Shetland Council is considering plans to introduce demand-led publuc transport, which would see buses running when there is the demand, rather than to a set timetable. Local transport policy officer Robina Barton told a meeting of Lerwick Community Council that ‘public mobility’ company ViaVan could be involved in exploring if this could actually work in Shetland.
“We are looking at asking them to do a piece of work for us to do some modelling around how that demand responsive approach could work in Shetland,” she said.
Last year ViaVan helped to implement on-demand bus services in Sevenoaks, Kent in response to less people using public transport in the pandemic. Now, under this system, people in Sevenoaks can book a spot on a bus through a mobile app, and it is said to be akin to a “shared taxi” – meaning that journeys will only take place as when and where required, reports Shet News.
Community councillor Stewart Hay noted that while some bus services in Shetland are busy, others are not. He said it was an ideal time to think about “how we can deliver transport to people at their needs”. Ms Barton also said she expected “quite dramatic changes” in the next few years when it comes to transport provision.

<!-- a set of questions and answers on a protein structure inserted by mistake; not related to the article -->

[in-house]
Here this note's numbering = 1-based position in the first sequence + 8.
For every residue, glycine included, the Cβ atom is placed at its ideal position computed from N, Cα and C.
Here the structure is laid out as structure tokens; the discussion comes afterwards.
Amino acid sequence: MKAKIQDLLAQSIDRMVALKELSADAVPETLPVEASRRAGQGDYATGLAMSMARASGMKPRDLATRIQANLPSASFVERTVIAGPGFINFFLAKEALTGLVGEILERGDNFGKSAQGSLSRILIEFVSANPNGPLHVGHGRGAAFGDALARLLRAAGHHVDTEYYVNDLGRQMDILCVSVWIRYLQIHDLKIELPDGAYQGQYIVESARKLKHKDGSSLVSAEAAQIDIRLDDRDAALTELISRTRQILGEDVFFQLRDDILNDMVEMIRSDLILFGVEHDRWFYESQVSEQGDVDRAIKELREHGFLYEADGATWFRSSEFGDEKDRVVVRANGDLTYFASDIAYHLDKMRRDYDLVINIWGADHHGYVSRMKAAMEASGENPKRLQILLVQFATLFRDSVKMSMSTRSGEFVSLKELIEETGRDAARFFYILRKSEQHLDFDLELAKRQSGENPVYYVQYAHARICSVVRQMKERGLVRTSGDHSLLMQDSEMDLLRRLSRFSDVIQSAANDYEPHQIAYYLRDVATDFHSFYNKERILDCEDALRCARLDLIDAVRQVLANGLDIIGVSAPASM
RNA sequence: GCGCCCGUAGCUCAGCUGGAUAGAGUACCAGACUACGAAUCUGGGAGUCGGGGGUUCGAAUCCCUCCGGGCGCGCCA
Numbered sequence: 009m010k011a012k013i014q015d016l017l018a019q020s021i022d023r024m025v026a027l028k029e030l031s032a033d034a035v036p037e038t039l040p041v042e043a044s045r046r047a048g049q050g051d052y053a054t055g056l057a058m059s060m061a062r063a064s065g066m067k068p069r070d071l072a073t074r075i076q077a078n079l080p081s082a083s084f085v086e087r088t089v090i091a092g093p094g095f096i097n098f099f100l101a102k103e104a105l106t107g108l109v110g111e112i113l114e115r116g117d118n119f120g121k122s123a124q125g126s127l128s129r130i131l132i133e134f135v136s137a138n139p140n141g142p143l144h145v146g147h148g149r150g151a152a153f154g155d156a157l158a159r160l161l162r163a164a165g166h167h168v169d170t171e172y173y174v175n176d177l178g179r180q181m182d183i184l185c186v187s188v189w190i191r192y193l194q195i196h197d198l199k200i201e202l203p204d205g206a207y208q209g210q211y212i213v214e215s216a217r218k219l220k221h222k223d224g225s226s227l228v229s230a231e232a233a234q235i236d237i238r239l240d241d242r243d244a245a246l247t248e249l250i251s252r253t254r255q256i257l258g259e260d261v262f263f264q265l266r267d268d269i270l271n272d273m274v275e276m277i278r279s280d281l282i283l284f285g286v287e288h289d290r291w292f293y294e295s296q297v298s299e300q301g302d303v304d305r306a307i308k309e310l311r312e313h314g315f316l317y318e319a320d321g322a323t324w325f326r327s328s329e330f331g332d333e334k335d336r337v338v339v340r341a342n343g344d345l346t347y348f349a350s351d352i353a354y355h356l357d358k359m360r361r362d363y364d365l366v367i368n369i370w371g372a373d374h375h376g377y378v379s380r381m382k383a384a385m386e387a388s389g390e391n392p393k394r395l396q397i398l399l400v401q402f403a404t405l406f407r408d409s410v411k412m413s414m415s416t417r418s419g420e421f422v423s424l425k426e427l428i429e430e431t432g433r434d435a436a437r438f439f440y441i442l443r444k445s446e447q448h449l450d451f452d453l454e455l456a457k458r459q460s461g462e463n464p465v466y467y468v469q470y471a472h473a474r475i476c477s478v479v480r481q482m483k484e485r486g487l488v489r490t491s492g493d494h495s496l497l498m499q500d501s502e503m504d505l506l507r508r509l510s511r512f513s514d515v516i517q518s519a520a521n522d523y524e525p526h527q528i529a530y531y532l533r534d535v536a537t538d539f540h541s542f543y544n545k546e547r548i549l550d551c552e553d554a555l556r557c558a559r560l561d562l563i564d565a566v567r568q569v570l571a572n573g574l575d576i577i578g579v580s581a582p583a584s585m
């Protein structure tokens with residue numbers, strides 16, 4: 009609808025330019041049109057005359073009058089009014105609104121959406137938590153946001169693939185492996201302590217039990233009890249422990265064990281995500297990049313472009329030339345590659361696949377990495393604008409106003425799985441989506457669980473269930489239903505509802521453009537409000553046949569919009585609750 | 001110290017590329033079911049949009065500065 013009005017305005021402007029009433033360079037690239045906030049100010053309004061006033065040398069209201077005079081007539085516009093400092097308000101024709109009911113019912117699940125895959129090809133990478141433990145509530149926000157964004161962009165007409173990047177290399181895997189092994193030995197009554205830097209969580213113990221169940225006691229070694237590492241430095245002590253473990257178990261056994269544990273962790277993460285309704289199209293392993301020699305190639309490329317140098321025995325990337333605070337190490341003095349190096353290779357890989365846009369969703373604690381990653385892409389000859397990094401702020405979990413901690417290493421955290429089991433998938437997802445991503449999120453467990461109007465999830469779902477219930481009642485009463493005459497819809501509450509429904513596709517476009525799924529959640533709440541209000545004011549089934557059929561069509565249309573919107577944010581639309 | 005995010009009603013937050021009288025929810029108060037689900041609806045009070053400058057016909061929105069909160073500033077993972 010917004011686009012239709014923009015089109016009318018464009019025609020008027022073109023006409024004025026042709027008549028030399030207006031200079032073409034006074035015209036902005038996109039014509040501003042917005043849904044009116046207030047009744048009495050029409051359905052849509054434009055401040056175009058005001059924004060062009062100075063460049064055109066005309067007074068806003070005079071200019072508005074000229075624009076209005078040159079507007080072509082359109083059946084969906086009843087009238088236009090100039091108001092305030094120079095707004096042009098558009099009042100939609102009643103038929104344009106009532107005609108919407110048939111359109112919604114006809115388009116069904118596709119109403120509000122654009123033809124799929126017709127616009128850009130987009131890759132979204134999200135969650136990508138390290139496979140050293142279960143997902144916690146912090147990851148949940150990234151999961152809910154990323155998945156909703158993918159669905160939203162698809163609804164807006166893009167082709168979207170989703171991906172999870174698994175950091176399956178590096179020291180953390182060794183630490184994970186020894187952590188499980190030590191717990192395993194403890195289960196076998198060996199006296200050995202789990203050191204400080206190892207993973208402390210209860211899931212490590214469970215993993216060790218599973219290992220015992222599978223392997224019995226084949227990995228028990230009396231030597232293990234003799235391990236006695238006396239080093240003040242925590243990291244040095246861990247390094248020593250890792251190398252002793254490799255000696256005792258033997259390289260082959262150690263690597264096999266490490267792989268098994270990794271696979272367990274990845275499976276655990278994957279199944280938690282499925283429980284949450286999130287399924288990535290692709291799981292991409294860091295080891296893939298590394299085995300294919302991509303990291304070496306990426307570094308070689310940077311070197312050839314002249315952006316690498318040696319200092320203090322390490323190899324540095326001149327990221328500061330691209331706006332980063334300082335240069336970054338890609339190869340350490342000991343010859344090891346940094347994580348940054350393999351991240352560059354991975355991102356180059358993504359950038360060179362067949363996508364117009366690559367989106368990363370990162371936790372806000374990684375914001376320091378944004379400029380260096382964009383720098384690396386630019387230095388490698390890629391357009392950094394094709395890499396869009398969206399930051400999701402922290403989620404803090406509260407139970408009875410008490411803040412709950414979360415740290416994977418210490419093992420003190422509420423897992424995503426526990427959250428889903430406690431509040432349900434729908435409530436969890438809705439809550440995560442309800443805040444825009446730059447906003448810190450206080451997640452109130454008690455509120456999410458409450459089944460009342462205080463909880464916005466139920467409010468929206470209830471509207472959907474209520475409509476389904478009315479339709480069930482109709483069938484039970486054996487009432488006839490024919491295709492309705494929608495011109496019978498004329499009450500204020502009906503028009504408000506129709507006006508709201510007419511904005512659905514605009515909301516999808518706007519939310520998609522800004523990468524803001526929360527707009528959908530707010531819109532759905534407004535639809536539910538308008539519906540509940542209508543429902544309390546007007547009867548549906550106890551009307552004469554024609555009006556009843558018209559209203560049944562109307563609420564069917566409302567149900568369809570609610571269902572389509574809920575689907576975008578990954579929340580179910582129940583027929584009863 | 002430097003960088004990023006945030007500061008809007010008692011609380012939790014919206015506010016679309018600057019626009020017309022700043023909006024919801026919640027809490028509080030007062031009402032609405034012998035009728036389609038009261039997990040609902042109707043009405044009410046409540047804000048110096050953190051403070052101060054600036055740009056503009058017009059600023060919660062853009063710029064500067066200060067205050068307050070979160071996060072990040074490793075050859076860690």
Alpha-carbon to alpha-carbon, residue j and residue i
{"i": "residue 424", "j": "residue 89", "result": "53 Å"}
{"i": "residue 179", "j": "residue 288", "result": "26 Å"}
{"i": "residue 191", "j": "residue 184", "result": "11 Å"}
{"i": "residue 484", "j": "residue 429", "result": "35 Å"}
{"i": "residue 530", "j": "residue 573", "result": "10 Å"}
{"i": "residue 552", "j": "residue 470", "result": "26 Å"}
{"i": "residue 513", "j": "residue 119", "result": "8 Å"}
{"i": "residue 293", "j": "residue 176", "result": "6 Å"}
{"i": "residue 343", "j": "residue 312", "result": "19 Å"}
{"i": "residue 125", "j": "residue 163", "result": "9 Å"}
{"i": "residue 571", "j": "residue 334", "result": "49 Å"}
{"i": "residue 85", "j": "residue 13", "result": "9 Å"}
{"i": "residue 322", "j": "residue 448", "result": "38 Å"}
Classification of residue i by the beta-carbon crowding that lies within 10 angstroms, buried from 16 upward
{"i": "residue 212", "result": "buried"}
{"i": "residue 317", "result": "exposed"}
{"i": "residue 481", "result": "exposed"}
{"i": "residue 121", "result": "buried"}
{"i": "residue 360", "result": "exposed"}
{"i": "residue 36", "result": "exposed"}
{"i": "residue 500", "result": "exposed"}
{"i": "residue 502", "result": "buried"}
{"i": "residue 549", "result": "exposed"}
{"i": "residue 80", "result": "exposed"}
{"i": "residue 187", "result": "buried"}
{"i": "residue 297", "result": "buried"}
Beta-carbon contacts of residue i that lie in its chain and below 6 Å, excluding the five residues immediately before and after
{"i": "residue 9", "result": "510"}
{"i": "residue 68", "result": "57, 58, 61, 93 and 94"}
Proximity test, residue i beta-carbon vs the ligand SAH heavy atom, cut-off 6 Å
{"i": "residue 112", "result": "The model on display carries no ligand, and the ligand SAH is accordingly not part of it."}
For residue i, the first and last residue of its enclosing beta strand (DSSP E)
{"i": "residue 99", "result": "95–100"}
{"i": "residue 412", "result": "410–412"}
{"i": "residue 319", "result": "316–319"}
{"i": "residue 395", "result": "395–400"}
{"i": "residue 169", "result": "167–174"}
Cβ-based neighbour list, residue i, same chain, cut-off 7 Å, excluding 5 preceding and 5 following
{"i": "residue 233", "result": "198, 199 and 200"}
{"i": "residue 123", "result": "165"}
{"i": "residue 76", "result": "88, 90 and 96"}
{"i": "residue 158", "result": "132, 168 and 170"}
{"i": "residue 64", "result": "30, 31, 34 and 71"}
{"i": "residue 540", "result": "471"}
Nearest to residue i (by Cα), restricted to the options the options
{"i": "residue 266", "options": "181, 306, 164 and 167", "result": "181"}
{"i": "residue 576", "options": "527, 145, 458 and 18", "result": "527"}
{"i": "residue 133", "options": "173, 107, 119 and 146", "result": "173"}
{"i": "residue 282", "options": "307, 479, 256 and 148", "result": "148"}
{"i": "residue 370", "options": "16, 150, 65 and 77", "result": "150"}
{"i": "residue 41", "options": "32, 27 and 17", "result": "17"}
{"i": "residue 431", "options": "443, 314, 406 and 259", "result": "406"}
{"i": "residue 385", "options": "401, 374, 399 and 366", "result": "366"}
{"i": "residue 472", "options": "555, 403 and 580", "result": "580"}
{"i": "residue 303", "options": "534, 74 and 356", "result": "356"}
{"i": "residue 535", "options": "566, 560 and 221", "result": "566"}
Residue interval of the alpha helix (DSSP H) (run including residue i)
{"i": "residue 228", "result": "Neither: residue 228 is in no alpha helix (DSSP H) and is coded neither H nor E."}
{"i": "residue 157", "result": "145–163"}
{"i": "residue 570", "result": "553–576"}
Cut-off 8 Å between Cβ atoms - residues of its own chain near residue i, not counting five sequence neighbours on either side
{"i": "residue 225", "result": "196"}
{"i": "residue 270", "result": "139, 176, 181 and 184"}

She added that car sharing and the opportunity for people to use a hired bike after coming off a bus are two other examples of how transport could alter in the future.
The pandemic has already encouraged local transport partnership ZetTrans to provide passenger numbers on Shetland’s buses to allow people to plan in advance in case they expect the service will be too busy.
Barton was speaking at the Lerwick Community Council to give members an update on an ongoing review into public transport fares. She highlighted there are two strands to this – setting a base fare, and deciding what discounts to add.